A business is responsible for creating avenues where employees can bond and engage outside work. Having frequent team-building activities is a great way to do this, and they can be done in many ways.

For instance, have an annual team-building offsite trip where employees go away for a few days to have fun and engage in activities that aren't work-related. Other smaller activities include work lunches, themed work days, market visits, and peer-to-peer learning arrangements.

7. Conduct exit and stay interviews

Do you understand why people choose to stay or leave your business?

Conduct stay and exit interviews, and you’ll find out.

Exit interviews are great since they give honest feedback. Doing this regularly will give you a sense of why people are leaving and allow you to address any issues within your control.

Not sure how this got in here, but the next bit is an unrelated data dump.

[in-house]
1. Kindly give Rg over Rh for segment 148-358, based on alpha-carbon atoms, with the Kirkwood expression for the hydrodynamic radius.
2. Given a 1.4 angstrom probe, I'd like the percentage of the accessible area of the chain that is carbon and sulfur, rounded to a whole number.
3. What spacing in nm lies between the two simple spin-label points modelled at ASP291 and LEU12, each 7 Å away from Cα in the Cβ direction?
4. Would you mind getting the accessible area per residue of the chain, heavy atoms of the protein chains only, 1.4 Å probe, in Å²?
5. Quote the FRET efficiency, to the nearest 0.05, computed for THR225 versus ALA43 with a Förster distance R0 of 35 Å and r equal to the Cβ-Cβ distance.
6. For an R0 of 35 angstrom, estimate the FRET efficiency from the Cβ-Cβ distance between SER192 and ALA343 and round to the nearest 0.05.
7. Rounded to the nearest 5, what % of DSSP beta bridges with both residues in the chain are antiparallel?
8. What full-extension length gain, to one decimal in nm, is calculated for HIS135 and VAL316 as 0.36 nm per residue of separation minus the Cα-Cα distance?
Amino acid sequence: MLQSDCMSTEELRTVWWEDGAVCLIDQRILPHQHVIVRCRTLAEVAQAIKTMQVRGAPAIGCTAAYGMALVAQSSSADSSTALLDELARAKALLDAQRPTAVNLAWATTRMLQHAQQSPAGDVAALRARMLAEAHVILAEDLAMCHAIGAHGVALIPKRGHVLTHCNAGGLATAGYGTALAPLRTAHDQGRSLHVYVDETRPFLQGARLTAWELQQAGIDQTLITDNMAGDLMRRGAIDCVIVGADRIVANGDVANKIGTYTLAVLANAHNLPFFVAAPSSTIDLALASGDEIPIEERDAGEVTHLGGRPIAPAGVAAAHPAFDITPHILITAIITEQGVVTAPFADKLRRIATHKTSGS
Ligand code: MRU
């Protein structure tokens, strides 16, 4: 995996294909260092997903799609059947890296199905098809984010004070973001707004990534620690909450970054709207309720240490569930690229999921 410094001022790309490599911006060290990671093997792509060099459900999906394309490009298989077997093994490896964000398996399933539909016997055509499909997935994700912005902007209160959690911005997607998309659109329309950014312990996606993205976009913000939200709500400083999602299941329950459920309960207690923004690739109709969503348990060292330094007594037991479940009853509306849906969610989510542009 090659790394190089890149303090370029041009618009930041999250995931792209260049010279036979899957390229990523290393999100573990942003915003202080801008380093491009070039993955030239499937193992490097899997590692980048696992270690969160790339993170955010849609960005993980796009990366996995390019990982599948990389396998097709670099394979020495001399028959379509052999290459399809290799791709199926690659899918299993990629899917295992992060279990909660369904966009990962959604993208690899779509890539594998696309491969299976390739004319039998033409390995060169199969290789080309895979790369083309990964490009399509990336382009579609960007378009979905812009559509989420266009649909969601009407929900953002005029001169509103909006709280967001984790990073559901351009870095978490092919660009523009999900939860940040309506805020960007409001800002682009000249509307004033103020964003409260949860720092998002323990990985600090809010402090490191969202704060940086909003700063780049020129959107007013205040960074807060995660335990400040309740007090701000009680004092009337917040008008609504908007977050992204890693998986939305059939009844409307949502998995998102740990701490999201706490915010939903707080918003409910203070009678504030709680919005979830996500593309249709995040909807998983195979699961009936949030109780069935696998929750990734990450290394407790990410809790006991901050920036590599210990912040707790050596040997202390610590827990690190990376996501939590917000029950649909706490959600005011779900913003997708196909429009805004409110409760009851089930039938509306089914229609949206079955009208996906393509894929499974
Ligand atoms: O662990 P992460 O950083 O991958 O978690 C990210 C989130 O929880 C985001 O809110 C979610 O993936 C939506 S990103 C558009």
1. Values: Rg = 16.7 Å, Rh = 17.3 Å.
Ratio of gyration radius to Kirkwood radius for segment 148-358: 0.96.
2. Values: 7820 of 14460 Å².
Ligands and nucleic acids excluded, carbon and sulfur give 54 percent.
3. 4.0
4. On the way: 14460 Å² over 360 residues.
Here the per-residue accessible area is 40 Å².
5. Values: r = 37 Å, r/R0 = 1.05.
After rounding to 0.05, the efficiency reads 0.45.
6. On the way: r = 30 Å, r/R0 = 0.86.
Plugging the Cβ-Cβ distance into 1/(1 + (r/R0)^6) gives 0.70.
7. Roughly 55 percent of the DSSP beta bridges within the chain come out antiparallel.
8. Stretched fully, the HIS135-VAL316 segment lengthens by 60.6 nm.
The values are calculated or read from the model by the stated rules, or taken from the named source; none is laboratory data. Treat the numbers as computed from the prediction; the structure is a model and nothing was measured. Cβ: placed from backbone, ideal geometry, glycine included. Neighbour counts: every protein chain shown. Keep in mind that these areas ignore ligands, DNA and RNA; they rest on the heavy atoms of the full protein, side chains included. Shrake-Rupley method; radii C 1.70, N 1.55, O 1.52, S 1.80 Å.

Stay interviews allow you to check out why some employees choose to stay and let you see the key positives you can dial up to increase retention.

Improve productivity and reduce your churn

A few employees will leave any business, but this doesn’t mean business owners need to be discouraged. There are multiple things within your control that you can do to make your business an excellent workplace for all employees.

One way is to leverage the power of technology and implement a tool that makes it easy to manage projects, collaborate, and be productive.

Check out Motion today and see how your operations are transformed. Its unique AI improves productivity by serving up project and non-project work in an optimized calendar for each employee.

With Motion, you can increase your productivity and your business performance – and, keep your employees happy, with lower churn rates. Remember, they’re not butter.

Thomas Law
An expert B2B content marketing consultant and writer specializing in SaaS, e-commerce, and digital marketing businesses, Thomas Law focuses on driving traffic to your website, engaging your target audience, and increasing signups through content.
Written by Thomas Law